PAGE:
You will be able to keep receiving additional treatment cycles as long as you are
benefitting. If the disease gets worse or you experience any intolerable side effects, you
will be taken off the study.

After you have completed treatment on the study, the status of your health and the disease
will be checked. Your doctor will decide how often these check-ups will occur. You may
return to M. D. Anderson for these follow-up exams, or if you choose not to come in to the
clinic, you will be contacted by phone to see how you are doing.

This is an investigational study. Cetuximab is commercially available and FDA approved for
the treatment of colorectal cancer. Its use in the treatment of endometrial cancer in this
study is experimental. Up to 40 patients will take part in this study. Up to 30 patients
will be enrolled at M. D. Anderson.

Inclusion Criteria:

1. Patients must have signed an approved informed consent.

2. Histologically confirmed progressive or recurrent endometrial cancer (endometrioid,
serous, clear cell, mixed malignant Mullerian tumors, or mixed histology; any grade).

3. Patients must have failed at least one prior chemotherapeutic regimen for recurrent
disease (does not include chemosensitizing radiation).

4. All patients must have measurable disease. Measurable disease is defined as lesions
that can be accurately measured in at least one dimension (longest dimension to be
recorded). Each lesion must be > 20 mm when measured by conventional techniques,
including palpation, plain x-ray, CT, and MRI, or > 10 mm when measured by spiral CT.
Ascites and pleural effusions are not considered measurable disease. If the
measurable disease is restricted to a solitary lesion, its neoplastic nature should
be confirmed by cytology/histology.

5. Patients must have a Zubrod performance status of 0, 1, or 2.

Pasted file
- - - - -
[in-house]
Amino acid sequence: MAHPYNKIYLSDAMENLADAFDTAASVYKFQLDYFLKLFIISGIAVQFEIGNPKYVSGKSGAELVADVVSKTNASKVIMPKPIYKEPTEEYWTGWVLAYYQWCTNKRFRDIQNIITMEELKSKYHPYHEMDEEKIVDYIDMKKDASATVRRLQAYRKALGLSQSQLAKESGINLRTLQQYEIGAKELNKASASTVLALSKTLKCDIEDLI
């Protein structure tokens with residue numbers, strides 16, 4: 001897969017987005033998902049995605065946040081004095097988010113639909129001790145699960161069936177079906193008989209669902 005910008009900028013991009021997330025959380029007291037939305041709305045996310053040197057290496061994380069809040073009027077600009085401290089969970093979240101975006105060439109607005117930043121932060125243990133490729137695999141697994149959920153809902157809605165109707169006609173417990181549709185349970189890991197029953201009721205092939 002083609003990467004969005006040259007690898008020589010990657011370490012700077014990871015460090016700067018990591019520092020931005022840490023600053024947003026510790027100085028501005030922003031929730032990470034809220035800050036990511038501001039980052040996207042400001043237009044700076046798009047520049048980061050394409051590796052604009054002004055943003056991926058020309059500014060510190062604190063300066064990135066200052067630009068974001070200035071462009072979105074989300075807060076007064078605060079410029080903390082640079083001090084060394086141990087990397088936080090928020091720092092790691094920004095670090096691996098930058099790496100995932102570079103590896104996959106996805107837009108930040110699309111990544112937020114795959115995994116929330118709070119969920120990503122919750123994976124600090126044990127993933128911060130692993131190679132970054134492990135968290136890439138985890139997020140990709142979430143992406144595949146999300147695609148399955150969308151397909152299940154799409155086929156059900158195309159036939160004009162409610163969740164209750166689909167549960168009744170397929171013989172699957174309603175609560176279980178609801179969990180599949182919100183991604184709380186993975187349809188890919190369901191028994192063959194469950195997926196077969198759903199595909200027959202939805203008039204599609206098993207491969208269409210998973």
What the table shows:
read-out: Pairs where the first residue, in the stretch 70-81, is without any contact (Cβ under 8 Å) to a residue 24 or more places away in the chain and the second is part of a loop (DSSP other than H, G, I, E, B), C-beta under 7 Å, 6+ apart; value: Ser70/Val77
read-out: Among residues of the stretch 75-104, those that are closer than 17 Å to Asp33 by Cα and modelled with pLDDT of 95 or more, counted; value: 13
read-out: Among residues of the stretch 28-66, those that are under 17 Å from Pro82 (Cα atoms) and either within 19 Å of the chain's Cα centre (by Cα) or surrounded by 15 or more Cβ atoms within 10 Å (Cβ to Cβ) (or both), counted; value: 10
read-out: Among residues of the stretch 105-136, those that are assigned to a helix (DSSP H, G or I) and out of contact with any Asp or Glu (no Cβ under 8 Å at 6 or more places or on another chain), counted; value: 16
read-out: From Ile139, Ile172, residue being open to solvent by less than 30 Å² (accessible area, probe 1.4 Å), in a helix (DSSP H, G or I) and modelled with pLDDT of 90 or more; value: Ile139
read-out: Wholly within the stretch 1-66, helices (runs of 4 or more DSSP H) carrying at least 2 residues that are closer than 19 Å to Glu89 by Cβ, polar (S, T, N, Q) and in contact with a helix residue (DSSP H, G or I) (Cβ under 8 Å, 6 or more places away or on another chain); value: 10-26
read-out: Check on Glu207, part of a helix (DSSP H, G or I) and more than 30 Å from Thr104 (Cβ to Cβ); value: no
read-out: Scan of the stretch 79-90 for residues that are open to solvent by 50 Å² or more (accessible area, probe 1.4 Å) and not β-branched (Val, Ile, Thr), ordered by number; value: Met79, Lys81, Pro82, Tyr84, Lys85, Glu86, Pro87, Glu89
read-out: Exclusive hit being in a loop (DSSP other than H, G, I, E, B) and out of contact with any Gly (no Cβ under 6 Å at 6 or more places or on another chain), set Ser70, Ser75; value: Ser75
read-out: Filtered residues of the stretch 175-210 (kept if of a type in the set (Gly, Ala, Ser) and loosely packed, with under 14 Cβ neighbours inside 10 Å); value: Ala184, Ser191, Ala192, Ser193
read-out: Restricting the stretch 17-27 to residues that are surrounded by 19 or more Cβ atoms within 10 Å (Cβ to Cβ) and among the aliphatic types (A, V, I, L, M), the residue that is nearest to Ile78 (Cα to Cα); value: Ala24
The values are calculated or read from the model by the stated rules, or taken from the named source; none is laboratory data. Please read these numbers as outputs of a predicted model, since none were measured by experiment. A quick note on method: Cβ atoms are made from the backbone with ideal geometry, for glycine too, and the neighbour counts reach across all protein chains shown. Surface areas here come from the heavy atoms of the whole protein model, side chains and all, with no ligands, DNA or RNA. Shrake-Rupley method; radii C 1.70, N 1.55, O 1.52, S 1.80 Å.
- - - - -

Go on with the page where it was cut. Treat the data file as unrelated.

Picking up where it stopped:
6. Patients must either be not of child bearing potential or have a negative pregnancy
test within 7 days of treatment. Patients are considered not of child bearing
potential if they are surgically sterile (they have undergone a hysterectomy,
bilateral tubal ligation, or bilateral oophorectomy) or they are postmenopausal for
greater than 12 months.

7. Patients must have a pretreatment granulocyte count (i.e., segmented neutrophils +
bands) of >1,000/Fl, a hemoglobin level of >/= 9.0 gm/dL and a platelet count of

8. Patients must have an adequate renal function as documented by serum creatinine 2.0 mg/dL.

9. Patients must have adequate hepatic function as documented by a serum bilirubin 2.5 mg/dL, regardless of whether patients have liver involvement secondary to tumor.

10. Aspartate transaminase (SGOT) must be unless the liver is involved with tumor, in that case, the aspartate transaminase
must be
11. Prior to beginning therapy, at least 4 weeks must have elapsed since prior
chemotherapy, surgery, radiation therapy or investigational therapy. Patients
receiving palliative radiation therapy are exempt from the 4 week waiting period.

Exclusion Criteria: